10. J. Rohwedel, K. Guan, C. Hegert, and A. M. Wobus, “Embryonic stem cells as an in vitro model for mutagenicity, cytotoxicity and embryotoxicity studies: present state and future prospects,” Toxicology in Vitro, vol. 15, no. 6, pp. 741–753, 2001. View at Publisher · View at Google Scholar · View at Scopus
  11. H. Spielmann, E. Genschow, G. Scholz et al., “Preliminary results of the ECVAM validation study on three in vitro embryotoxicity tests,” ATLA Alternatives to Laboratory Animals, vol. 29, no. 3, pp. 301–303, 2001. View at Scopus
  12. G. Sinha, “Cell biology. Human embryonic stem cells may be toxicology's new best friends,” Science, vol. 308, no. 5728, p. 1538, 2005. View at Scopus
  13. A. Sancar, L. A. Lindsey-Boltz, K. Ünsal-Kaçmaz, and S. Linn, “Molecular mechanisms of mammalian DNA repair and the DNA damage checkpoints,” Annual Review of Biochemistry, vol. 73, pp. 39–85, 2004. View at Publisher · View at Google Scholar · View at Scopus
  14. T. Cao, K. Lu, X. Fu, and B. C. Heng, “Differentiated fibroblastic progenies of human embryonic stem cells for toxicology screening,” Cloning and Stem Cells, vol. 10, no. 1, pp. 1–10, 2008. View at Publisher · View at Google Scholar · View at Scopus
  15. R. Tedja, C. Marquis, M. Lim, and R. Amal, “Biological impacts of TiO2 on human lung cell lines A549 and H1299: particle size distribution effects,” Journal of Nanoparticle Research, vol. 13, no. 9, 2011. View at Publisher · View at Google Scholar · View at Scopus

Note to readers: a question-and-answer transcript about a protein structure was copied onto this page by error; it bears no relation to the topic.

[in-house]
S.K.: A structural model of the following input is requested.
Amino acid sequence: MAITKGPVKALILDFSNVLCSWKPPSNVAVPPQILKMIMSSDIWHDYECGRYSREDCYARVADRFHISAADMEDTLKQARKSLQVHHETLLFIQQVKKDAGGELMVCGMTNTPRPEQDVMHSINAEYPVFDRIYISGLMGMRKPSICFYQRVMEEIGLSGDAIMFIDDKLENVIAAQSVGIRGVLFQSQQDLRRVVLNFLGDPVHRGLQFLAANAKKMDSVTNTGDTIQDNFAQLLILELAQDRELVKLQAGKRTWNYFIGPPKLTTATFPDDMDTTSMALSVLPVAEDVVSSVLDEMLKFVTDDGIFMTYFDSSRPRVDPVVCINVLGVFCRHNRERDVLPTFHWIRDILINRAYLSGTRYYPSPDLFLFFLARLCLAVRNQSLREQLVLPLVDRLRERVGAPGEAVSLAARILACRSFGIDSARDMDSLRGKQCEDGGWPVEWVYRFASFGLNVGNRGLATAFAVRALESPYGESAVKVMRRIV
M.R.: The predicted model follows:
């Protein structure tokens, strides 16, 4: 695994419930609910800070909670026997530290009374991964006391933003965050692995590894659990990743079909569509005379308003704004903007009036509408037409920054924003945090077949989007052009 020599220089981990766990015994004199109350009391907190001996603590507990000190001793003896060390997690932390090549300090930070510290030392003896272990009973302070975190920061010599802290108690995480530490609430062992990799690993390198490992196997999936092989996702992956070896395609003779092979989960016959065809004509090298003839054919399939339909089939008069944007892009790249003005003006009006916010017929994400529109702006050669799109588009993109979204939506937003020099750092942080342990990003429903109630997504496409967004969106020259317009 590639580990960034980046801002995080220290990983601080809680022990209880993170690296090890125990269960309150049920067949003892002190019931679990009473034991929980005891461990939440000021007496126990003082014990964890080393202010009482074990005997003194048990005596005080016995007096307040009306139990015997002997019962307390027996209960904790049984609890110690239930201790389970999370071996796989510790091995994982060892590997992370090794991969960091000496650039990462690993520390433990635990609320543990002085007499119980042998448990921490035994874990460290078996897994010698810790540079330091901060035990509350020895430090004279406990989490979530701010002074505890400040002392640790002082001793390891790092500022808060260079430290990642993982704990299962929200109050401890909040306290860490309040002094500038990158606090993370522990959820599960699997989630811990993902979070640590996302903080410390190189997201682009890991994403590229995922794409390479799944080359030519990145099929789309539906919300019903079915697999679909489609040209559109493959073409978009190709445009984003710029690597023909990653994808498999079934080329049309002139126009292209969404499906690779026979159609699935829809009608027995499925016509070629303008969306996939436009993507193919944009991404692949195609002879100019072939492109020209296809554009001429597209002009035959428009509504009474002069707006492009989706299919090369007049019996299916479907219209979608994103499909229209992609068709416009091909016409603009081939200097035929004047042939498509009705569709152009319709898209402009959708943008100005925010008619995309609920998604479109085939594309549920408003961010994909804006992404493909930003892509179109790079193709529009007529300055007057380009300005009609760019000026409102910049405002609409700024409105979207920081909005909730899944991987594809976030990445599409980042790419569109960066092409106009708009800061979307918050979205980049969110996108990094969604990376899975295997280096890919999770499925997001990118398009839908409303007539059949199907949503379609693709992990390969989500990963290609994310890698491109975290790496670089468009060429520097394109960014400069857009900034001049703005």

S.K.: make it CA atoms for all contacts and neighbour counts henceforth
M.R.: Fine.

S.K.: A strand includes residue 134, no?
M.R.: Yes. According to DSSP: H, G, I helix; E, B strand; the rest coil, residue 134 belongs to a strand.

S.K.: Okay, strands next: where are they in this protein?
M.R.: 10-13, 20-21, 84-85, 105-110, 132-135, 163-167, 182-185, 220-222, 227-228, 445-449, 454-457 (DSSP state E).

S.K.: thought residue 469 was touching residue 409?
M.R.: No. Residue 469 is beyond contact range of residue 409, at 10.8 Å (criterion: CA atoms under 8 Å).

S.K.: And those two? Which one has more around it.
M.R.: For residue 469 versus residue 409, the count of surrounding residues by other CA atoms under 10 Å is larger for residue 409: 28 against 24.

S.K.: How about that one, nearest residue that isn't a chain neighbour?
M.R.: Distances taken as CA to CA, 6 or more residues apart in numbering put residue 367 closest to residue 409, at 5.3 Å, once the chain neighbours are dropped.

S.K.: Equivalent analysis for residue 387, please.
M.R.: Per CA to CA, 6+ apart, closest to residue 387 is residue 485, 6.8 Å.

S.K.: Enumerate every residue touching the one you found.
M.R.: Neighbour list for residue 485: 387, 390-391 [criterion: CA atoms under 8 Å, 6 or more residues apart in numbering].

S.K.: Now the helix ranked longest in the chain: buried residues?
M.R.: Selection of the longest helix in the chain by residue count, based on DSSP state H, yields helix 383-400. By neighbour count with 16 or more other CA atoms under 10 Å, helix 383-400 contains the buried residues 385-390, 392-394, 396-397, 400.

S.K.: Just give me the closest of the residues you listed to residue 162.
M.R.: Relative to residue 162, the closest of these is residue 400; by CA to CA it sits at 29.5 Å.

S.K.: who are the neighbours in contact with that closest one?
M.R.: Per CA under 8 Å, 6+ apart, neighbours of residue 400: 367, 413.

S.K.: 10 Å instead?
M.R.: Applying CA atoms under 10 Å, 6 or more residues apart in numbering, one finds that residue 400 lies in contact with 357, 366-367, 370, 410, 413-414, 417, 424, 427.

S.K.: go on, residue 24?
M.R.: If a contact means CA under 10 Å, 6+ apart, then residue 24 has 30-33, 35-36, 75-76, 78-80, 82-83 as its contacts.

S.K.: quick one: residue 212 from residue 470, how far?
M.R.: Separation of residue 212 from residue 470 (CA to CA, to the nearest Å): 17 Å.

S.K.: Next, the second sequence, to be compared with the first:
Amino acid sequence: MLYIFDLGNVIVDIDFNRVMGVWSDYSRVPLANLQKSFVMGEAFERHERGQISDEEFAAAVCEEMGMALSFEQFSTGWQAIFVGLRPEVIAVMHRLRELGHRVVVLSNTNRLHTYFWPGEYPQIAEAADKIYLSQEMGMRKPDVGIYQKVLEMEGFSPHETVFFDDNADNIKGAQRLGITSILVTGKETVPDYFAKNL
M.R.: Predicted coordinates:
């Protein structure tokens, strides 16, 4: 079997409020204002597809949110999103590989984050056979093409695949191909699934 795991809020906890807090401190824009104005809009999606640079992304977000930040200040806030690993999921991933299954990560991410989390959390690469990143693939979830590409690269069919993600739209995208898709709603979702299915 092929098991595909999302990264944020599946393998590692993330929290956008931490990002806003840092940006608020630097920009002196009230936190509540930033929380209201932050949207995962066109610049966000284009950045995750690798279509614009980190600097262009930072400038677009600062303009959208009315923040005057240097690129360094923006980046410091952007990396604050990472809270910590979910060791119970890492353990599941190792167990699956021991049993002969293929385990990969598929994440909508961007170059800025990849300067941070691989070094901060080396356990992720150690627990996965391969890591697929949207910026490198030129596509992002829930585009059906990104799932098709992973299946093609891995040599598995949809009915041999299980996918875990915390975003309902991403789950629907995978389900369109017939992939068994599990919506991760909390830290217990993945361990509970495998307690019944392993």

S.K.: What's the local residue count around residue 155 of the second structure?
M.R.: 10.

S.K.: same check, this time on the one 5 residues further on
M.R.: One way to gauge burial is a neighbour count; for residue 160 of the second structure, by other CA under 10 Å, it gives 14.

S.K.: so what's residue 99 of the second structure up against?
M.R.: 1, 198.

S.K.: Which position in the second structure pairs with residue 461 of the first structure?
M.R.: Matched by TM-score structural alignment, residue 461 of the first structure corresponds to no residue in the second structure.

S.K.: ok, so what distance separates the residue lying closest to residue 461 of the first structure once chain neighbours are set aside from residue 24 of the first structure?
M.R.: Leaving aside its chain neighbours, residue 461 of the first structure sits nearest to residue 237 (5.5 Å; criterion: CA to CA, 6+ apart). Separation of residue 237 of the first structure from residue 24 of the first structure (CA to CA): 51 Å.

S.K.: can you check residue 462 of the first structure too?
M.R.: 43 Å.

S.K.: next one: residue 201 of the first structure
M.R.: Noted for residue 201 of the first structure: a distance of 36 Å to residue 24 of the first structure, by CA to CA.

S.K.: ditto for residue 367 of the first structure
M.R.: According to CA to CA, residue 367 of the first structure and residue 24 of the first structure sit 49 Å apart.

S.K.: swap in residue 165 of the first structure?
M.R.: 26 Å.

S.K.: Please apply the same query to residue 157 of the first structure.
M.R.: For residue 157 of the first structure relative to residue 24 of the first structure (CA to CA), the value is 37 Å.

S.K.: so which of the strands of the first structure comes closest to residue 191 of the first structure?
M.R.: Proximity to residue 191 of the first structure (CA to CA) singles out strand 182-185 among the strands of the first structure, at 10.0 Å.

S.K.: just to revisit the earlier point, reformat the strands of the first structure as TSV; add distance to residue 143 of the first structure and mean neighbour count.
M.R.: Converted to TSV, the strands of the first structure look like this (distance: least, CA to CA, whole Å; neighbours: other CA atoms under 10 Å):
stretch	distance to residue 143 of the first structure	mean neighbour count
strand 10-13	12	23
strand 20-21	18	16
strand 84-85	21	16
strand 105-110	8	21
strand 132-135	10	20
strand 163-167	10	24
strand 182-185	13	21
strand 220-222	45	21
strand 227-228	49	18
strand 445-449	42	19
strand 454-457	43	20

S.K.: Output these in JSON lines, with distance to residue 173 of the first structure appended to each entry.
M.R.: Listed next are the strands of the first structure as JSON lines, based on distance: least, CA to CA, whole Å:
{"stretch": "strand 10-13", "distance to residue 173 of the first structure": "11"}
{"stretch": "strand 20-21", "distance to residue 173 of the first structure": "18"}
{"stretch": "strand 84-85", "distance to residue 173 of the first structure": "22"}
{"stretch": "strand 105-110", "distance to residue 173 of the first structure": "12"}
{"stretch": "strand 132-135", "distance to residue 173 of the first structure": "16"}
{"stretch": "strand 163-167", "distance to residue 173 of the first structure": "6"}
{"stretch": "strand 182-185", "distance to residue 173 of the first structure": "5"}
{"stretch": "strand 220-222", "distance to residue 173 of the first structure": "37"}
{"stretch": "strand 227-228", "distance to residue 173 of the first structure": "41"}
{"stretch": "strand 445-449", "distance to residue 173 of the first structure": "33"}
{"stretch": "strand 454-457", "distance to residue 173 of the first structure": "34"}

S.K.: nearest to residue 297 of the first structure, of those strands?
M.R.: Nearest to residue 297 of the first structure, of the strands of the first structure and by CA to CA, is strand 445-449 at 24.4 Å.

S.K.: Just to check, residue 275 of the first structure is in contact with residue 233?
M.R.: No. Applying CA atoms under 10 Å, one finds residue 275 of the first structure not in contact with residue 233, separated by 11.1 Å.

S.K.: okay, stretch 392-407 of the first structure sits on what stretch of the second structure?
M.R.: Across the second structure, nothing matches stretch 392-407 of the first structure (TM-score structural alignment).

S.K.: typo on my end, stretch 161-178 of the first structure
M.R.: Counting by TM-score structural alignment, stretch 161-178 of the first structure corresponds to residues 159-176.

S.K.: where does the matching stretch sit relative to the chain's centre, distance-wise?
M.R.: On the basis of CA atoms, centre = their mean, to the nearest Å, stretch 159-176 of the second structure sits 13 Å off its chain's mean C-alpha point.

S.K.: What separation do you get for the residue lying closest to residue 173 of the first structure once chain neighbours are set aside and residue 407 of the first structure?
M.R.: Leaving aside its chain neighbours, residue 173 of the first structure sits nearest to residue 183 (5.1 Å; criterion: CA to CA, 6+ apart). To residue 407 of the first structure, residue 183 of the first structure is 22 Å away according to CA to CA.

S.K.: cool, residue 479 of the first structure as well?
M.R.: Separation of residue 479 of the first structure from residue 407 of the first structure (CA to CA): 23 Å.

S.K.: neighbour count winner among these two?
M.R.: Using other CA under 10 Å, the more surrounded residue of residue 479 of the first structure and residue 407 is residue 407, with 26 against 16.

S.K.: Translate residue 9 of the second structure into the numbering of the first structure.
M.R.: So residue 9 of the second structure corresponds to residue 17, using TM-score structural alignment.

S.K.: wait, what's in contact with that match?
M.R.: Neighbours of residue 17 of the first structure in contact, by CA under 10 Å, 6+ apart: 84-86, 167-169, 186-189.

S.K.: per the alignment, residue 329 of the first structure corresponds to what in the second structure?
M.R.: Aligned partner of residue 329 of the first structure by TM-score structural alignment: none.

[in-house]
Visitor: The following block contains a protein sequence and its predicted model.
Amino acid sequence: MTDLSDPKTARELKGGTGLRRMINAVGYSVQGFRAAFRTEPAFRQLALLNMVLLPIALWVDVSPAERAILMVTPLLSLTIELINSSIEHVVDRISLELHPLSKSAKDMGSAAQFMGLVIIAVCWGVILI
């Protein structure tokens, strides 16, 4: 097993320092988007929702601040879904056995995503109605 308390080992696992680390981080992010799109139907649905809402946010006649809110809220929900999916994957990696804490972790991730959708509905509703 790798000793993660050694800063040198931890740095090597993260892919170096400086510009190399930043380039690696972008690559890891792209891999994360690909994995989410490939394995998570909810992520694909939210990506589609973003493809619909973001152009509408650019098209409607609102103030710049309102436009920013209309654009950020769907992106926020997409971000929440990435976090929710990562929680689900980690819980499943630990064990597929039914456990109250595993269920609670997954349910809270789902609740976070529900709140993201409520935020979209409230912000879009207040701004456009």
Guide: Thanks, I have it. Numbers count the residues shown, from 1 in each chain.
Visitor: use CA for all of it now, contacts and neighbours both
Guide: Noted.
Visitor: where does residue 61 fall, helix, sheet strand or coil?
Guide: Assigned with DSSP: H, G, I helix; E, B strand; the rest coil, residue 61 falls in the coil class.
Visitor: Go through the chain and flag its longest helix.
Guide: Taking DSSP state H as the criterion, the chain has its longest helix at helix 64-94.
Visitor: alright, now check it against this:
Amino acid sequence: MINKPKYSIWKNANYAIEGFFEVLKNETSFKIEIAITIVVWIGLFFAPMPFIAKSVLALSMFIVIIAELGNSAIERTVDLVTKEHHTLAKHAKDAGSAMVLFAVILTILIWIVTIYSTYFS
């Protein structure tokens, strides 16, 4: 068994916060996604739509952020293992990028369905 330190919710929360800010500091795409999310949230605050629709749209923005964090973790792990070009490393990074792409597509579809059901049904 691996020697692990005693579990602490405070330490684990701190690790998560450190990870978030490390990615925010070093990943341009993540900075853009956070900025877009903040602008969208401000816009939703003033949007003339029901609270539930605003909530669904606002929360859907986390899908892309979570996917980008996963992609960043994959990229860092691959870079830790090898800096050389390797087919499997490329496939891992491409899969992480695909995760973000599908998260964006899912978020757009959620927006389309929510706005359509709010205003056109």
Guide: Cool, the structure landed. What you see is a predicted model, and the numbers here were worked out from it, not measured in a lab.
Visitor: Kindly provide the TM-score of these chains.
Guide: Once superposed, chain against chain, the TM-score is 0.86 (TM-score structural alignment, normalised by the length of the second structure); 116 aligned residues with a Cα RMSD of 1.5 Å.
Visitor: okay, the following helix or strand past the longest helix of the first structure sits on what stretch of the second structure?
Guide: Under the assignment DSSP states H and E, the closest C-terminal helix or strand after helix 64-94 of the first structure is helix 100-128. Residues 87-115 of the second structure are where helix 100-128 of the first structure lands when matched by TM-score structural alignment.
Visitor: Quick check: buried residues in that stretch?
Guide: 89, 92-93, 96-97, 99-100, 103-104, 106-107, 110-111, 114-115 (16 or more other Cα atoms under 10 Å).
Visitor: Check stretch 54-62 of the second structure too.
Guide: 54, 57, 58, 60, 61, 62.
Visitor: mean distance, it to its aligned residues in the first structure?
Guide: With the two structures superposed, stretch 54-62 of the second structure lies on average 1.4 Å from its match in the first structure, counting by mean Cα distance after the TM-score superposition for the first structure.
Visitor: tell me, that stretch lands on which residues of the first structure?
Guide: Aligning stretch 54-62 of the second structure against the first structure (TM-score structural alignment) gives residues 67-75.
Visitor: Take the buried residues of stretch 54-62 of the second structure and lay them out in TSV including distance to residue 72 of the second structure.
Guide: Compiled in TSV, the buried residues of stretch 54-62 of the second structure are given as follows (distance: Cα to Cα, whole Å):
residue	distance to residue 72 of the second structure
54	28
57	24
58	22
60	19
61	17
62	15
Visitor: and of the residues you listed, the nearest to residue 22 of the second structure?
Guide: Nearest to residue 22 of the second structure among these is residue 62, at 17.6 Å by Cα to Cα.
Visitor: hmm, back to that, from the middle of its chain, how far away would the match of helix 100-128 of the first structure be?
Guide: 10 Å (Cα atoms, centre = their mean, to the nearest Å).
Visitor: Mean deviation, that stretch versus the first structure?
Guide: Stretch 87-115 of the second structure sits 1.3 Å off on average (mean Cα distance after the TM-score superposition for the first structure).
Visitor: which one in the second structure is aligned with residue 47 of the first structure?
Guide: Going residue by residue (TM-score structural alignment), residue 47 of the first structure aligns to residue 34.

16. B. Carlson, K. Leschkies, E. S. Aydil, and X. Y. Zhu, “Valence band alignment at cadmium selenide quantum dot and zinc oxide (10(1)over-bar0) interfaces,” Journal of Physical Chemistry C, vol. 112, no. 22, pp. 8419–8423, 2008. View at Publisher · View at Google Scholar · View at Scopus
  17. M. V. Park, A. M. Neigh, J. P. Vermeulen, L. J. de la Fonteyne, H. W. Verharen, J. J. Briede, et al., “The effect of particle size on the cytotoxicity, inflammation, developmental toxicity and genotoxicity of silver nanoparticles,” Biomaterials, vol. 32, no. 36, pp. 9810–9817, 2011.
  18. C. Carlson, S. M. Hussein, A. M. Schrand et al., “Unique cellular interaction of silver nanoparticles: size-dependent generation of reactive oxygen species,” Journal of Physical Chemistry B, vol. 112, no. 43, pp. 13608–13619, 2008. View at Publisher · View at Google Scholar · View at Scopus
  19. R. C. Doty, T. R. Tshikhudo, M. Brust, and D. G. Fernig, “Extremely stable water-soluble Ag nanoparticles,” Chemistry of Materials, vol. 17, no. 18, pp. 4630–4635, 2005. View at Publisher · View at Google Scholar · View at Scopus
  20. M. C. Stensberg, Q. Wei, E. S. McLamore, D. M. Porterfield, A. Wei, and M. S. Sepúlveda, “Toxicological studies on silver nanoparticles: challenges and opportunities in assessment, monitoring and imaging,” Nanomedicine, vol. 6, no. 5, pp. 879–898, 2011. View at Publisher · View at Google Scholar · View at Scopus